Search sheldonbrown.com and sheldonbrown.org
Would you like to ride a fixed gear, but do you need a choice of gears to cope with your local terrain? It would be great if you could find somebody selling a Sturmey-Archer ASC three-speed fixed gear hub, but the chances of that are very slim indeed.
What about converting an existing multi-speed hub into a fixed gear? Is this possible? A reader named Randy Gordon-Gilmore sent me a photocopy of a set of plans that he apparently got from Sturmey-Archer for converting a readily-available AW three-speed into a two-speed fixed gear, giving a direct drive and a 25% reduction gear. All he was able to provide was the drawings reproduced below, no instructions.
Note: I have not tried this modification (yet). I have written a rudimentary explanation below. If this is not clear to you, you don't know enough about Sturmey-Archer hubs to undertake this advanced project. Please don't ask me for more information on this, I don't have any!
For more info on Sturmey-Archer hubs in general, see my Sturmey-Archer page, Jane Thomas's site with the Sturmey-Archer AW shop manual online and my ASC Tech Page. (I cannot find a current link to Jane Thomas's site but the relevant material seems to be available at the Sturmey-Archer Heritage - Product Archive. - HJF 4/2010)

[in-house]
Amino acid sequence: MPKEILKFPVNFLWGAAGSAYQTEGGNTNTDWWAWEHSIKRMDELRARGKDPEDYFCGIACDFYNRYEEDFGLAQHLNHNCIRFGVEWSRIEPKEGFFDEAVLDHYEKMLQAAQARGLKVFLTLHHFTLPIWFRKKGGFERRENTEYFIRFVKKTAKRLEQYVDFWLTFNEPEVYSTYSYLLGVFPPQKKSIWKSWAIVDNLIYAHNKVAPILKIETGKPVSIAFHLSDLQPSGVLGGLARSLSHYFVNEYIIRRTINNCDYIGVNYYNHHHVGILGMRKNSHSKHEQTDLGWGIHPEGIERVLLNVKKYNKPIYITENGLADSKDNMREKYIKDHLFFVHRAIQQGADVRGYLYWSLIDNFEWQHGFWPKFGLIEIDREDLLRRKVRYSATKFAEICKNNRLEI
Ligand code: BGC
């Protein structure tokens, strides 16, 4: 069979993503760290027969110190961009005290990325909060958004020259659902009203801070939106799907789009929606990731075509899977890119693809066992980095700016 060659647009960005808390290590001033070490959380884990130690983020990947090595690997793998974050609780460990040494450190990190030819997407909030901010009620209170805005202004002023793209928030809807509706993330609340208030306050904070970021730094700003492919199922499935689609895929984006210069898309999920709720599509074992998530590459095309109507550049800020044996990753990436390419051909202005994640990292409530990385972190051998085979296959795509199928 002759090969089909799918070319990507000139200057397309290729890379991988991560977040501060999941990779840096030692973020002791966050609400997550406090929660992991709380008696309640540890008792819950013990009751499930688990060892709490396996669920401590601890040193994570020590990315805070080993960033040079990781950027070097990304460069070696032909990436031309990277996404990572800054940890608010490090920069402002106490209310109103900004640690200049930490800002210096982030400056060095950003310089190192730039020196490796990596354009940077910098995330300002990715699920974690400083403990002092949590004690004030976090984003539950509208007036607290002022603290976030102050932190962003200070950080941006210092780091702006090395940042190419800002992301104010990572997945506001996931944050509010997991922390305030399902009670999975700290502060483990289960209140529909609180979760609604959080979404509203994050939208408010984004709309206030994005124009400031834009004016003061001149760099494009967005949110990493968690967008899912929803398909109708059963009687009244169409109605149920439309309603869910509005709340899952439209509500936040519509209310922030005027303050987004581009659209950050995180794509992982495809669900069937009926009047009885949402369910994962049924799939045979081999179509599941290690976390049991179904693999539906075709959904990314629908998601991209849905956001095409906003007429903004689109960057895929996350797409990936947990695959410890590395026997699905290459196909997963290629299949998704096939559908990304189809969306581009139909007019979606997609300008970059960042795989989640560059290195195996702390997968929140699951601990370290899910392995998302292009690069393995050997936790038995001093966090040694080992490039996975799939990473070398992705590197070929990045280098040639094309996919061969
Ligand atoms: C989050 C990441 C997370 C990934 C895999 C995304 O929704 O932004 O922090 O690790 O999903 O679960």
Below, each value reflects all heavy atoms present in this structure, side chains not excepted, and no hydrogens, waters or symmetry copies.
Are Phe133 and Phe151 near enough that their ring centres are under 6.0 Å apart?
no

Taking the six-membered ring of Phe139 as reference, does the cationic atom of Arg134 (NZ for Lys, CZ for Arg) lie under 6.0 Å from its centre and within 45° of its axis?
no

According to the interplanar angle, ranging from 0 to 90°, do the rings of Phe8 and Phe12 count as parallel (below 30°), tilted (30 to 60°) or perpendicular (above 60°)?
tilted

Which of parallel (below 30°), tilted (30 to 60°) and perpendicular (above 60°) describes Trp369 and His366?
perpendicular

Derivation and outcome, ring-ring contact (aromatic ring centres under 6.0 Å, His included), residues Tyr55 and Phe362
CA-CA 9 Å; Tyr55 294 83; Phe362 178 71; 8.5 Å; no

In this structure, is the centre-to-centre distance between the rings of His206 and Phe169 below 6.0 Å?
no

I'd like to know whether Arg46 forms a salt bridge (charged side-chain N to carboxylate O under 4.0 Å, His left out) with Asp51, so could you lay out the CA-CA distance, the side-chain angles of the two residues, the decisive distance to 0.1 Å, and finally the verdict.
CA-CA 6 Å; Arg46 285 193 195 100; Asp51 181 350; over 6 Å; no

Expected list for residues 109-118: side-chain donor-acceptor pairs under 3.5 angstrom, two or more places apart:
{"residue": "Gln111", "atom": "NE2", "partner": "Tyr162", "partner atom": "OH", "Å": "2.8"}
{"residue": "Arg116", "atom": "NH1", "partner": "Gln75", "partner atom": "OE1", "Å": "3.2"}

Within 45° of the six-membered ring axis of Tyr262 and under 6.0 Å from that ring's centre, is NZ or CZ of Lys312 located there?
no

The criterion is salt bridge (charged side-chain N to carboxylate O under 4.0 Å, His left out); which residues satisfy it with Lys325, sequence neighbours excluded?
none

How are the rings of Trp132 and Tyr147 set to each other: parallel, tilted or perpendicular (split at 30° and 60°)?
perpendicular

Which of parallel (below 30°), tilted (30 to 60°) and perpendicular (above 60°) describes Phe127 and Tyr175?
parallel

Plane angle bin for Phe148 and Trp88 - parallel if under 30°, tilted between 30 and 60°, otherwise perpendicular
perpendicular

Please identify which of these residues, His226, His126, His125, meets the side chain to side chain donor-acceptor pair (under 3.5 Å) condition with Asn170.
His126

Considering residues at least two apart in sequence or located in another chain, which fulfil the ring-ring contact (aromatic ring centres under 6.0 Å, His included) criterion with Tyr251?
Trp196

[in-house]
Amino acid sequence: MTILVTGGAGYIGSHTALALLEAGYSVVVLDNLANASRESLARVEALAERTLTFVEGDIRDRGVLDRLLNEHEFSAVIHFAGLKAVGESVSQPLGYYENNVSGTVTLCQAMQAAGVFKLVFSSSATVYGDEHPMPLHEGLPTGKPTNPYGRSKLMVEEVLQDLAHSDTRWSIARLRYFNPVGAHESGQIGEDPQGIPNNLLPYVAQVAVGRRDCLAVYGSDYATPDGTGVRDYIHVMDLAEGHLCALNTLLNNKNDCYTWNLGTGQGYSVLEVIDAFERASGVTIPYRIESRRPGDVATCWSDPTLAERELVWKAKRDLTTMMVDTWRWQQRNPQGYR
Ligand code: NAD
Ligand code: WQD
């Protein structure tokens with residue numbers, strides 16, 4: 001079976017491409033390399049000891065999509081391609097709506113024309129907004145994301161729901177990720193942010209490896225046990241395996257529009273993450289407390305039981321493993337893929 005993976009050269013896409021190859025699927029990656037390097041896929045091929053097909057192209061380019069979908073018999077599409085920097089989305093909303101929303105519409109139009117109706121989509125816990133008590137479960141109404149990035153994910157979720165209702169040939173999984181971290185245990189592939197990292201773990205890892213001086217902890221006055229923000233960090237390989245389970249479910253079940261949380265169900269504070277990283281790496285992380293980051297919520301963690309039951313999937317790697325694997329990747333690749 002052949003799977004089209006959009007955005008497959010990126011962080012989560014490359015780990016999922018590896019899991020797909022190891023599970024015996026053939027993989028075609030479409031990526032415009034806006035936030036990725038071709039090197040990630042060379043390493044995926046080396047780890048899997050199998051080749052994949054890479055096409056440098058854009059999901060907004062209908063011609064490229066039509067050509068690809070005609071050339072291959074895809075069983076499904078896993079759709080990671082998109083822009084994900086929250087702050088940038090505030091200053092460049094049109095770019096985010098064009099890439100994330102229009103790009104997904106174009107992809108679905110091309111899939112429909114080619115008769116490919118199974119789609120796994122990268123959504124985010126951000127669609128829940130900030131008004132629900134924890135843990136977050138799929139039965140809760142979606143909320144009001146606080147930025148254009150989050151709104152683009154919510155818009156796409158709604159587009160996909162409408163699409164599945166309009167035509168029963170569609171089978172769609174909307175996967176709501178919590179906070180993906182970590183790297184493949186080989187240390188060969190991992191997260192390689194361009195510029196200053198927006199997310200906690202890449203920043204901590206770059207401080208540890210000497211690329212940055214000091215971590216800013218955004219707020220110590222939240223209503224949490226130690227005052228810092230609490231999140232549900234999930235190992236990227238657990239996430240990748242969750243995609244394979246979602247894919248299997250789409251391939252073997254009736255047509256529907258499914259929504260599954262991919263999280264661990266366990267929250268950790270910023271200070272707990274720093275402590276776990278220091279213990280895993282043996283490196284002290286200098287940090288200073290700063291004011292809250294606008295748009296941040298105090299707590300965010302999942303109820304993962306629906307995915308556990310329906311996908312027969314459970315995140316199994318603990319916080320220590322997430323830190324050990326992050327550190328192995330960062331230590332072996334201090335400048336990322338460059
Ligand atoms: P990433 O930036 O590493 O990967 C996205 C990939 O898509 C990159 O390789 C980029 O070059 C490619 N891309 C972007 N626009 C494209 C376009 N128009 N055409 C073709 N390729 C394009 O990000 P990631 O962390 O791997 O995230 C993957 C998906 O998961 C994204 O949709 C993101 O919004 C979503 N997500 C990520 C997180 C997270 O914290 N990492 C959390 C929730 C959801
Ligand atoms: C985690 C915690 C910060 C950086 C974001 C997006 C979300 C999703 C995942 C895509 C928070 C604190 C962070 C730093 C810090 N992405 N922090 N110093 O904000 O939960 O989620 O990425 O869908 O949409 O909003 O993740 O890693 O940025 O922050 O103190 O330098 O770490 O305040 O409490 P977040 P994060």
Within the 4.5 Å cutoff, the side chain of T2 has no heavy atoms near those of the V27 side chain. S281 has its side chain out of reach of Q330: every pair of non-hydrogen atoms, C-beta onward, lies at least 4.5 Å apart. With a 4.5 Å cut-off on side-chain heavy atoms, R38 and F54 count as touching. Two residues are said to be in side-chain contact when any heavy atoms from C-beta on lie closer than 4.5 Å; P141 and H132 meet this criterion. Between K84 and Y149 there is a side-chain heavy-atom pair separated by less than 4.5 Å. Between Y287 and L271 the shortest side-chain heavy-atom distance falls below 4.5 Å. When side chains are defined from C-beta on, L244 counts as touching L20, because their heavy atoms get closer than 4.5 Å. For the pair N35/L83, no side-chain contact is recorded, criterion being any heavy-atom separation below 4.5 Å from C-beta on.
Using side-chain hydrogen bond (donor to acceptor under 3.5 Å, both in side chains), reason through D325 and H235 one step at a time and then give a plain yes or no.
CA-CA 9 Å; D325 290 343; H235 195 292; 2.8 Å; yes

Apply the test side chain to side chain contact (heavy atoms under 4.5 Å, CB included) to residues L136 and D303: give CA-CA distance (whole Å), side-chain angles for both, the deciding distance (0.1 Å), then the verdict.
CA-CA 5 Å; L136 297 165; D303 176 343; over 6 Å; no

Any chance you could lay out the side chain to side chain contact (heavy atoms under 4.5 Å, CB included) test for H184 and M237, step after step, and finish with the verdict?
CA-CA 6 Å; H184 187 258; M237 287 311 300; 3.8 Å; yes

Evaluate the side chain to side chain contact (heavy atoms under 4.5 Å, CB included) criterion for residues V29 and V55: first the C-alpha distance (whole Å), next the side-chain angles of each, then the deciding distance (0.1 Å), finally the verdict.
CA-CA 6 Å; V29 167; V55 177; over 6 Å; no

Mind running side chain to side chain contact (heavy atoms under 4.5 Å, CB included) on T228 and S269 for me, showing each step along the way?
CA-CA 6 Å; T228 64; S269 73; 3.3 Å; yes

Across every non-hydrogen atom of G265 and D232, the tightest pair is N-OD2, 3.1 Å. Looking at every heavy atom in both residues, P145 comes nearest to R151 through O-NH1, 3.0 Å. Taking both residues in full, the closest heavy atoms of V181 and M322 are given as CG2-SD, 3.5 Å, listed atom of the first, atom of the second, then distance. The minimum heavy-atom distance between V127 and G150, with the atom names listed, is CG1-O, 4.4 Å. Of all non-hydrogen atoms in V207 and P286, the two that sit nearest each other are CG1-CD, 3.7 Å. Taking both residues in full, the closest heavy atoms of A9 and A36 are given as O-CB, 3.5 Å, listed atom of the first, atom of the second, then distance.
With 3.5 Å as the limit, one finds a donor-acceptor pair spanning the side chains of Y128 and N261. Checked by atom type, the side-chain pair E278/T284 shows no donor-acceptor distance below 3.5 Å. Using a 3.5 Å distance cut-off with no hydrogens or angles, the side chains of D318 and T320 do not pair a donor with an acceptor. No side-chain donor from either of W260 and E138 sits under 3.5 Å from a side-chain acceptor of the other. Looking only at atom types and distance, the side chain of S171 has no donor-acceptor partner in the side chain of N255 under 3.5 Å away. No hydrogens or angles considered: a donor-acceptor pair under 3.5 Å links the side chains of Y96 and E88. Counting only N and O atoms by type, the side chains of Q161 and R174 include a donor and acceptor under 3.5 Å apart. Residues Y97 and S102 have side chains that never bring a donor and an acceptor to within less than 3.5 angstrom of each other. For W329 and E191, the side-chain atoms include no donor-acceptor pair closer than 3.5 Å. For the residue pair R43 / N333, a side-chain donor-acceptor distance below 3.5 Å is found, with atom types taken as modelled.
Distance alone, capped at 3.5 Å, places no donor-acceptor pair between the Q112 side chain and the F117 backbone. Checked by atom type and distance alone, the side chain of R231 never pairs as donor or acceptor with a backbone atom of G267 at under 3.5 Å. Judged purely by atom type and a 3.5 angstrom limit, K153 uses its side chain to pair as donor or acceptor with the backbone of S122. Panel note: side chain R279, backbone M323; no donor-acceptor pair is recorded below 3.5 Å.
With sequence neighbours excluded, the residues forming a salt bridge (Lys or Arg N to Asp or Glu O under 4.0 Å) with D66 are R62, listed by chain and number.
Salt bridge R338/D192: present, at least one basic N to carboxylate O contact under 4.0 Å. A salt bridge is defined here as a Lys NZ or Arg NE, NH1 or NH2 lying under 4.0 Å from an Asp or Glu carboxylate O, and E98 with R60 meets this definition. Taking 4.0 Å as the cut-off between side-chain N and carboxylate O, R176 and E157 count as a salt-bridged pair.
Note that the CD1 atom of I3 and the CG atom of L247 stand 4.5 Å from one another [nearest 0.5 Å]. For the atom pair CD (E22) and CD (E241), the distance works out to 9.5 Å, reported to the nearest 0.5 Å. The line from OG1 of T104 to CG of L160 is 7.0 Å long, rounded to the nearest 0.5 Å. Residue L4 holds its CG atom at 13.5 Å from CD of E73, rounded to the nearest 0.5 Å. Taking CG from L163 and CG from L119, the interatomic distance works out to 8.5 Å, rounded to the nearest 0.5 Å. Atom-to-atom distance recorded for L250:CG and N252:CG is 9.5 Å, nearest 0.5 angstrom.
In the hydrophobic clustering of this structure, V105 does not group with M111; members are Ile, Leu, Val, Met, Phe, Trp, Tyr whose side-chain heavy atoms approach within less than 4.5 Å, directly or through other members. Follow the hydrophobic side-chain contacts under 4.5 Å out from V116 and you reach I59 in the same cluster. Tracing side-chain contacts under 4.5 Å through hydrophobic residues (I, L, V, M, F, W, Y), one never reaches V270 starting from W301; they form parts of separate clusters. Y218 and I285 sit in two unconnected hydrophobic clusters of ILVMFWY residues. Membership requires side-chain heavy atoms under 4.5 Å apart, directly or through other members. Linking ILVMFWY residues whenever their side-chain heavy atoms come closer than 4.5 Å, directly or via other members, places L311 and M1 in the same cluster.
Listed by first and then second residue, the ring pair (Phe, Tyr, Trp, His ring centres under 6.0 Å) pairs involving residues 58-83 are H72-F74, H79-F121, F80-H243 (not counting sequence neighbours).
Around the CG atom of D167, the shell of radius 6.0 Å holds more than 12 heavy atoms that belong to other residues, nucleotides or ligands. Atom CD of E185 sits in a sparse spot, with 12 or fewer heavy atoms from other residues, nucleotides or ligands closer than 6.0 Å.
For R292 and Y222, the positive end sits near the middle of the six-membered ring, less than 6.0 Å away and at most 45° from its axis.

On the other hand, if you try this yourself, I'd be interested in hearing how it works out for you.
I would expect that there will be a bit of internal backlash, which you'll have to live with unless you feel ambitious enough to make a clutch with wider arms that won't rattle back and forth between the pinion pins.
It is possible that by fabricating non-stepped pinion pins you could reduce the lash a bit. Pins with a large head, like that of a nail migh eliminate it in the direct-drive gear.
Note that these parts are made of very hard, tough steel. A standard steel milling cutter may not be adequate for the task.
A groove must be machined in the center ridge of the ball cup to receive the bar shown in figure 3.
Figure 2 shows the planet cage, with a similar groove machinined into it.
Figure 3 shows the bar which must be fabricated. This bar will lock the planet cage to the left hand ball cup.
I would imagine that if this modification were done to a 4- or 5- speed hub, you'd get three speeds: direct and the two lows. This is basically how the ASC works, though not with a standard clutch.
|Articles by Sheldon Brown and others|